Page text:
Published On: Tue, Apr 5th, 2016

Five San Miguel de Allende attractions you can enjoy anytime of year

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Cobblestone streets, Spanish Colonial architecture, and a booming culinary scene featuring organic restaurants, small batch tequilas, and—believe it or not—croissants that would rival the ones in Paris: these are the hallmarks of San Miguel de Allende, a city in Mexico’s central highlands.

San Miguel may be best known for its extravagant festivals, fiestas, and parades. But what to do in San Miguel de Allende when you’re in town and there’s no celebration on the streets? You can enjoy these five San Miguel de Allende attractions anytime of year.

First thing on your must-do list? Soak in the hot springs at La Gruta. You can enjoy a natural massage from hot water pouring into the grotto, explore the water tunnel, or lounge in the pools.

Later, check out the Sanctuary of Atotonilco. This World Heritage Site is nicknamed the “Sistine Chapel of Mexico,” and boasts stunning Mexican folk Baroque-style murals on the walls and ceilings.


(Photo: Travel+Leisure)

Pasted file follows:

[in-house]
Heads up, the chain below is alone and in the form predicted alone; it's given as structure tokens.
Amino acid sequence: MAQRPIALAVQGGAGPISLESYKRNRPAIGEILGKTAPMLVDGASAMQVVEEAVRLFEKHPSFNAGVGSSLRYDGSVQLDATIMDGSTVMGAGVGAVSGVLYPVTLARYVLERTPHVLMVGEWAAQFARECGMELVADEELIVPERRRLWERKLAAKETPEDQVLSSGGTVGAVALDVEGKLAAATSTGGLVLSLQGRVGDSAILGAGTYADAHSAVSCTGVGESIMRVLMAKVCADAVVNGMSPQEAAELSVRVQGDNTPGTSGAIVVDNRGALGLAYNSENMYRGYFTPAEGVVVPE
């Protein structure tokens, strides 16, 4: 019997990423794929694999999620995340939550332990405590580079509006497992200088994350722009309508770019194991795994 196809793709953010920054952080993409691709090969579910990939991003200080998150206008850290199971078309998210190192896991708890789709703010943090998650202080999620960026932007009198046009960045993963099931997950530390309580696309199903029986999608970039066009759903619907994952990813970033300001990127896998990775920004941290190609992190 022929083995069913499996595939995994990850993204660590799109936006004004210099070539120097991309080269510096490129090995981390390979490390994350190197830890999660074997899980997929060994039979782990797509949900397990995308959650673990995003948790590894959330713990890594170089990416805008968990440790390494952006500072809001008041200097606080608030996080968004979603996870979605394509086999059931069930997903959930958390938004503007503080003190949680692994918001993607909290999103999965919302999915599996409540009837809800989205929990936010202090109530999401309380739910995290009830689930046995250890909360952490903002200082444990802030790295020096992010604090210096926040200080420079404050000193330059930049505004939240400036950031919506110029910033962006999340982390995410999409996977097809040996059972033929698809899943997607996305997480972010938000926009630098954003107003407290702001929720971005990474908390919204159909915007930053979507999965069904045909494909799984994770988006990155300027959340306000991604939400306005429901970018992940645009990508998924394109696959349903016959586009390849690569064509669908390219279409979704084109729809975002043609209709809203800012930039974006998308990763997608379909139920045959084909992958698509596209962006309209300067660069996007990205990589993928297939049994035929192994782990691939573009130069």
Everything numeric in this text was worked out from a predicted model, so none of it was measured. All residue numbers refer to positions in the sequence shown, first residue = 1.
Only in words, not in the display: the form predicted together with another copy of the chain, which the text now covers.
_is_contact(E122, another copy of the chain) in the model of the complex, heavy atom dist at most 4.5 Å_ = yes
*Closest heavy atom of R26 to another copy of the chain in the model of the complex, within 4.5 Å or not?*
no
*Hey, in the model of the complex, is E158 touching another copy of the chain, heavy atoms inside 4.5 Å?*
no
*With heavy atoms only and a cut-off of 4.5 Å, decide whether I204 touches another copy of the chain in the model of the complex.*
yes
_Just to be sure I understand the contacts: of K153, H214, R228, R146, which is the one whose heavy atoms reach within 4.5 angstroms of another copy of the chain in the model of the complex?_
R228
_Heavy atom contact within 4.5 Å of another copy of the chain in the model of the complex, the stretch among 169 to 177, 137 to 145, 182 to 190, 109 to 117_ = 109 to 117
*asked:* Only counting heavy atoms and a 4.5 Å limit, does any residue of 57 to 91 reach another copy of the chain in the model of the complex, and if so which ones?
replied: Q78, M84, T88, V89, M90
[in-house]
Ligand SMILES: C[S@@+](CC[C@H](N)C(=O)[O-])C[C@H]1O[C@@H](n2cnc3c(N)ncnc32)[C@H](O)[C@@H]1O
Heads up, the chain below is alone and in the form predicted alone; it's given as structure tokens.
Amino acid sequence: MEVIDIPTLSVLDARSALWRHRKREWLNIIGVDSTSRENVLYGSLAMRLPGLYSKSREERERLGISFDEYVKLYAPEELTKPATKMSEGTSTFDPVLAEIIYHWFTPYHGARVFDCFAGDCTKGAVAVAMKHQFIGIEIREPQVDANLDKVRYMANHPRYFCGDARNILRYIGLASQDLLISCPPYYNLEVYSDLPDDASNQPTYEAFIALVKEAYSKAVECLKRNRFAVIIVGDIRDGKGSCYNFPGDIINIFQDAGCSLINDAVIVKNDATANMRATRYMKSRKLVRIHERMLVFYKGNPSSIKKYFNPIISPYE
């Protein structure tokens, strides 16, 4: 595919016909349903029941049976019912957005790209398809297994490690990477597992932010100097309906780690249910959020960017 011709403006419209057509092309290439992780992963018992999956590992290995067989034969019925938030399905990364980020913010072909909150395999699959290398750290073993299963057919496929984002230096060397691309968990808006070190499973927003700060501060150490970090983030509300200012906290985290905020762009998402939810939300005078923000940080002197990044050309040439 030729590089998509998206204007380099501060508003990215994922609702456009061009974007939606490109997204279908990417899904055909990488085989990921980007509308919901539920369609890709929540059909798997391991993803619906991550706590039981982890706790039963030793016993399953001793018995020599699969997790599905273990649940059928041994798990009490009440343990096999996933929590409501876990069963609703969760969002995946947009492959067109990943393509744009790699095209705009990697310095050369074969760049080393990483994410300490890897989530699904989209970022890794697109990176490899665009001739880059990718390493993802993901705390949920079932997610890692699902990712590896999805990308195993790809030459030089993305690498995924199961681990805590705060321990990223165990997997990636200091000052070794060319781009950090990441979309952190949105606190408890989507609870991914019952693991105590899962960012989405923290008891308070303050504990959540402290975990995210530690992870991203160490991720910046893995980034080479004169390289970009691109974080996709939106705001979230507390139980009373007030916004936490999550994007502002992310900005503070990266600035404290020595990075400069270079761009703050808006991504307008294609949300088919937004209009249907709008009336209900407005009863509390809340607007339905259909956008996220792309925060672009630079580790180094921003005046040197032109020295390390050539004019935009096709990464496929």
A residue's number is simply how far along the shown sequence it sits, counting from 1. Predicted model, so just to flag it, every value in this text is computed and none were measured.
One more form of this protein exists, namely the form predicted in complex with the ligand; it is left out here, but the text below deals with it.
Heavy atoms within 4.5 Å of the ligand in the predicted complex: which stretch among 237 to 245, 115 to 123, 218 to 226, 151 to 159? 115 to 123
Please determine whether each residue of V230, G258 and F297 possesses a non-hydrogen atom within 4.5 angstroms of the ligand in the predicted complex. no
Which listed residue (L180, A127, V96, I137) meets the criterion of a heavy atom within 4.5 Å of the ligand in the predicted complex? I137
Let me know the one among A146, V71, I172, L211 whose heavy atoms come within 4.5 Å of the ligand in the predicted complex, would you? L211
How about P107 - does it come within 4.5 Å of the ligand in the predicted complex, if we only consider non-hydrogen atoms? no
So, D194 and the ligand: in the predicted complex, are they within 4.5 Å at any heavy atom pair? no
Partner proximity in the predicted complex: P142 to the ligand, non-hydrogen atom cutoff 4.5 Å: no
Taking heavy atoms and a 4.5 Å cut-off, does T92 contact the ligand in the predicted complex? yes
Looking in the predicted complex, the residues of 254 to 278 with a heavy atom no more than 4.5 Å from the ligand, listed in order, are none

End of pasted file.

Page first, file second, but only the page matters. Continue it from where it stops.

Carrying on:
One of the most fun things to do in San Miguel de Allende is to visit the pyramids of La Canada de la Virgin, a recently discovered Otomi archeological site that faces the celestial North. Here, pre-Hispanic locals watched the heavens passing overhead.

On Tuesday, head to the El Tianguis de los Martes, which spans three football fields. Vendors at this market sell everything from antiques to handicrafts (think: ceramic plates, huraches, and woven rugs), fresh food like bee pollen and Chihuahua cheese, and oddities ranging from branding irons to bootleg DVDs and used clothing.

Conclude your trip with another spa ritual—cleansing the body and soul in a temazcal,or traditional sweat lodge. We recommend the adobe sweat house in the Jardin Botanico, surrounded by the country’s largest collection of cacti and succulents.

Other popular San Miguel de Allende activities include strolling and spotting white egrets in Parque Juarez—the largest green space in the city—or sampling tequilas and mescals at the local bars.





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